Metro-North riders at the Melrose & Tremont stations can rejoice as the agency has announced an increase in service. Here is more via the official press release I received:

The MTA advises customers that Metro-North Railroad’s new October 8 schedule includes permanently increased service levels at the Melrose and Tremont stations on the Harlem Line.

In an effort to build ridership and provide Bronx residents with more convenient travel options, on October 2, 2016, Metro-North implemented a pilot program that increased service at the Tremont and Melrose stations from a two-hour frequency to hourly frequency during off-peak and weekend travel times.  The service day was also extended, with earlier inbound service on weekdays and significantly later outbound service on weekdays and weekends.  During the pilot period, overall ridership at the two stations increased by 81%, with an increase in weekday ridership of 67% and an increase in weekend ridership of 101%.

With the success of the pilot program, and after a public hearing about the schedule change, the increased service at Melrose and Tremont is now permanent.

“We continually strive to find ways to improve and enhance our service,” said Catherine Rinaldi, Acting President of Metro-North Railroad. “We’re pleased that increased service at Melrose and Tremont has become so popular. Expanding service at Melrose and Tremont stations not only benefits customers who commute to Grand Central Terminal, but also the Bronx residents who reverse commute up to Westchester County and Connecticut.”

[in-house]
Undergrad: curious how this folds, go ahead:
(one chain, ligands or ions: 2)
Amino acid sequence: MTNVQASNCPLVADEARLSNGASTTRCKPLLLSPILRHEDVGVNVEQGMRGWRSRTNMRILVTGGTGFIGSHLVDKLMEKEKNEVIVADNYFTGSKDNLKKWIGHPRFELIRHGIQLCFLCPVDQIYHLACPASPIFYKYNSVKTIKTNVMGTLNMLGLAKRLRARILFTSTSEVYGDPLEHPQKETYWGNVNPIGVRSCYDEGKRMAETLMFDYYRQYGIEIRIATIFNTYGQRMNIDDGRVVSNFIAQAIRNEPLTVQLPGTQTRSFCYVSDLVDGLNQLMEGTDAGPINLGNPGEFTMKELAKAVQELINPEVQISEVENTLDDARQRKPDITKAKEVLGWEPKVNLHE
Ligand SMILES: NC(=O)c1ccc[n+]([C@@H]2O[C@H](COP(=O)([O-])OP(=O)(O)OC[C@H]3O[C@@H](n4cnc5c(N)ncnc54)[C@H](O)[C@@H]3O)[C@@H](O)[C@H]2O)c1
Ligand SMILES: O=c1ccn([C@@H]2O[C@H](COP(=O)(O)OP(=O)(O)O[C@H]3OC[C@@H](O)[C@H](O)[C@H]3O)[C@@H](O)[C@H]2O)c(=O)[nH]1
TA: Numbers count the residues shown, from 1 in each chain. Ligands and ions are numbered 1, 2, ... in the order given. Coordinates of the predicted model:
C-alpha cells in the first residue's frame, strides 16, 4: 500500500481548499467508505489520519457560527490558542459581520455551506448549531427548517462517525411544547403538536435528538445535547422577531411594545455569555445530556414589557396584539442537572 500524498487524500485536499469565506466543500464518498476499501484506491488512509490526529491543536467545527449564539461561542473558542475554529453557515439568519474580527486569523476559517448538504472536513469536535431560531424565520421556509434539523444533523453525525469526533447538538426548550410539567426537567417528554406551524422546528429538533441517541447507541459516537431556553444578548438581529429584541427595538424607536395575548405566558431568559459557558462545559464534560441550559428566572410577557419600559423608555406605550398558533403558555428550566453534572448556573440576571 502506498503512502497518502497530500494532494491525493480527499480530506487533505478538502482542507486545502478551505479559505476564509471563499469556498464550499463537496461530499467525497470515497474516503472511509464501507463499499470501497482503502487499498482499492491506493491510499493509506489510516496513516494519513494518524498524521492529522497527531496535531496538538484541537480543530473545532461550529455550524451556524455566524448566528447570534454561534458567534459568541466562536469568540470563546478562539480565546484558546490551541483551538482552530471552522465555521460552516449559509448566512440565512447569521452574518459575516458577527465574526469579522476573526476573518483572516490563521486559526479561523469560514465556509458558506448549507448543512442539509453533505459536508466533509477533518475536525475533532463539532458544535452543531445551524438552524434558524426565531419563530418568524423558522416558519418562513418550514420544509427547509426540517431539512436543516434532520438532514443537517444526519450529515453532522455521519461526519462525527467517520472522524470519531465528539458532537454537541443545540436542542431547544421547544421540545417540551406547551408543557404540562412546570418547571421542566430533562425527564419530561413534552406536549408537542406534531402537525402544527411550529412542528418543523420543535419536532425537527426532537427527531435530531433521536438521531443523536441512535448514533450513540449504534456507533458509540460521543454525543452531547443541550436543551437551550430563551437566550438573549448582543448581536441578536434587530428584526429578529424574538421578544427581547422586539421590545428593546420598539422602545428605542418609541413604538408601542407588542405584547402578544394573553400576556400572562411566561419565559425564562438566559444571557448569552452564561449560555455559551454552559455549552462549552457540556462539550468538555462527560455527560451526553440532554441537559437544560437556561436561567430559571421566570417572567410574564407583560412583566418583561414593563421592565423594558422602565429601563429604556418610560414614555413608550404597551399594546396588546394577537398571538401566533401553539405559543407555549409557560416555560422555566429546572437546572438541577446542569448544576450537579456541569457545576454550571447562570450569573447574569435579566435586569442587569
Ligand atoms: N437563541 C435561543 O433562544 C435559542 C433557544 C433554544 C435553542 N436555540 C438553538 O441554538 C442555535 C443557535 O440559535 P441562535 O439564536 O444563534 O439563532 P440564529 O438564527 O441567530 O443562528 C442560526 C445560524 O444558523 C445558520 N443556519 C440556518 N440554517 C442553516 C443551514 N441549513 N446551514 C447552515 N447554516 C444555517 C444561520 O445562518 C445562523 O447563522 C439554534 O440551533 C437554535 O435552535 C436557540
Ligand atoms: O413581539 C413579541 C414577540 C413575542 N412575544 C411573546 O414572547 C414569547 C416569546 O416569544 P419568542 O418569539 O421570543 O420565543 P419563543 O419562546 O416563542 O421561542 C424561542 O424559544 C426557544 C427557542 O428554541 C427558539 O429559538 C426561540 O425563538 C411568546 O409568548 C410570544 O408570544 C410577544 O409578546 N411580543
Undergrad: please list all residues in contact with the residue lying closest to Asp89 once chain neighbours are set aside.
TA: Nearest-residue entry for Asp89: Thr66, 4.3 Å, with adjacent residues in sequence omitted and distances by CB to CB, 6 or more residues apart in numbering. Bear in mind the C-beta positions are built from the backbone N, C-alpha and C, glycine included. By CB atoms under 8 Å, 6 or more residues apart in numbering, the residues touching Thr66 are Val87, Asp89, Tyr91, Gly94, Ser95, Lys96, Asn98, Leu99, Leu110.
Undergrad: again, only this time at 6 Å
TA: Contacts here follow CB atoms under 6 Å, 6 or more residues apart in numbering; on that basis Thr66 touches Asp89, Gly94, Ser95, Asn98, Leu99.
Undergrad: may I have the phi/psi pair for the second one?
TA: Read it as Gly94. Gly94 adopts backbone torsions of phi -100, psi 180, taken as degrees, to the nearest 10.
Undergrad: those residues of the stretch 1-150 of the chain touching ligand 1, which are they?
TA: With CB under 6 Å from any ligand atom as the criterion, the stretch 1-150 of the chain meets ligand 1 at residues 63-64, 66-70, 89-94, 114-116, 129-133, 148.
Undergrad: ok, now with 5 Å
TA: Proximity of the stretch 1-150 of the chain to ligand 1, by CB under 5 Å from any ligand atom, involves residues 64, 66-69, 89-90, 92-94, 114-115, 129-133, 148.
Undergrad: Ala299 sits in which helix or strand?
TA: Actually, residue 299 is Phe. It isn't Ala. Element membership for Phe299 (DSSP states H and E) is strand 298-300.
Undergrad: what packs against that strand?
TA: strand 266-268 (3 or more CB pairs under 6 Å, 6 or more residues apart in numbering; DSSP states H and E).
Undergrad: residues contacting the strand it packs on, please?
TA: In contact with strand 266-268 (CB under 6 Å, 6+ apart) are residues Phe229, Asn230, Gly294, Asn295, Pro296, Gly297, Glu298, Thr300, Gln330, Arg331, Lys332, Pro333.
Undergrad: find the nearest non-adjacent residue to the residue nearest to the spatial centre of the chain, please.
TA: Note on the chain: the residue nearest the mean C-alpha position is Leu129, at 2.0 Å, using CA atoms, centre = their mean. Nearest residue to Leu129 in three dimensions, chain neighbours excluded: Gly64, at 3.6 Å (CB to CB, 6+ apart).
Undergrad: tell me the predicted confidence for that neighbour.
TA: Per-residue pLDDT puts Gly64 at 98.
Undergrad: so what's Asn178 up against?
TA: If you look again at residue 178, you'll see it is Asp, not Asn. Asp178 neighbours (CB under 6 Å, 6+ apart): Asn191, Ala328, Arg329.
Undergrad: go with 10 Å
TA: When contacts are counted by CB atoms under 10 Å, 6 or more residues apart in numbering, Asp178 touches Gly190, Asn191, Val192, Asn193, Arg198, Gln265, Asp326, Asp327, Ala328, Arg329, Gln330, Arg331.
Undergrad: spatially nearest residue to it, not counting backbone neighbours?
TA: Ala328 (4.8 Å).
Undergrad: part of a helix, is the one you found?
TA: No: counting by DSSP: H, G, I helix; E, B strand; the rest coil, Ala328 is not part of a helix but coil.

“Expanded service at the Melrose and Tremont Metro-North stations is not only a benefit for the commuters in the surrounding neighborhoods, but for the entire borough and, in fact, the entire region,” said Bronx Borough President Ruben Diaz, Jr.  “I am proud to support this expansion, and I am grateful to the MTA for listening to the numerous Bronxites who asked for this additional service at the recent public hearing.”

Details of increased service at Melrose and Tremont stations are below:

  • Weekday inbound service is now available from 5:51 a.m. to 12:47 a.m.
  • Weekday outbound service is now available from 5:38 a.m. to 1:20 a.m.
  • Weekend inbound service is now available from 6:44 a.m. to 12:44 a.m.
  • Weekend outbound service is now available from 6:25 a.m. to 1: 20 a.m.

I know many riders who use these stations who will be excited about this. These stations have long been underutilized but that should definitely change for the foreseeable future.

xoxo Transit Blogger

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LIRR To Replace Post Avenue Bridge

The MTA Long Island Railroad will be replacing the Post Avenue Bridge this weekend. Due to this work, buses will substitute for trains between Mineola & Hicksville along with other service changes. Here are the complete details via the press release I received: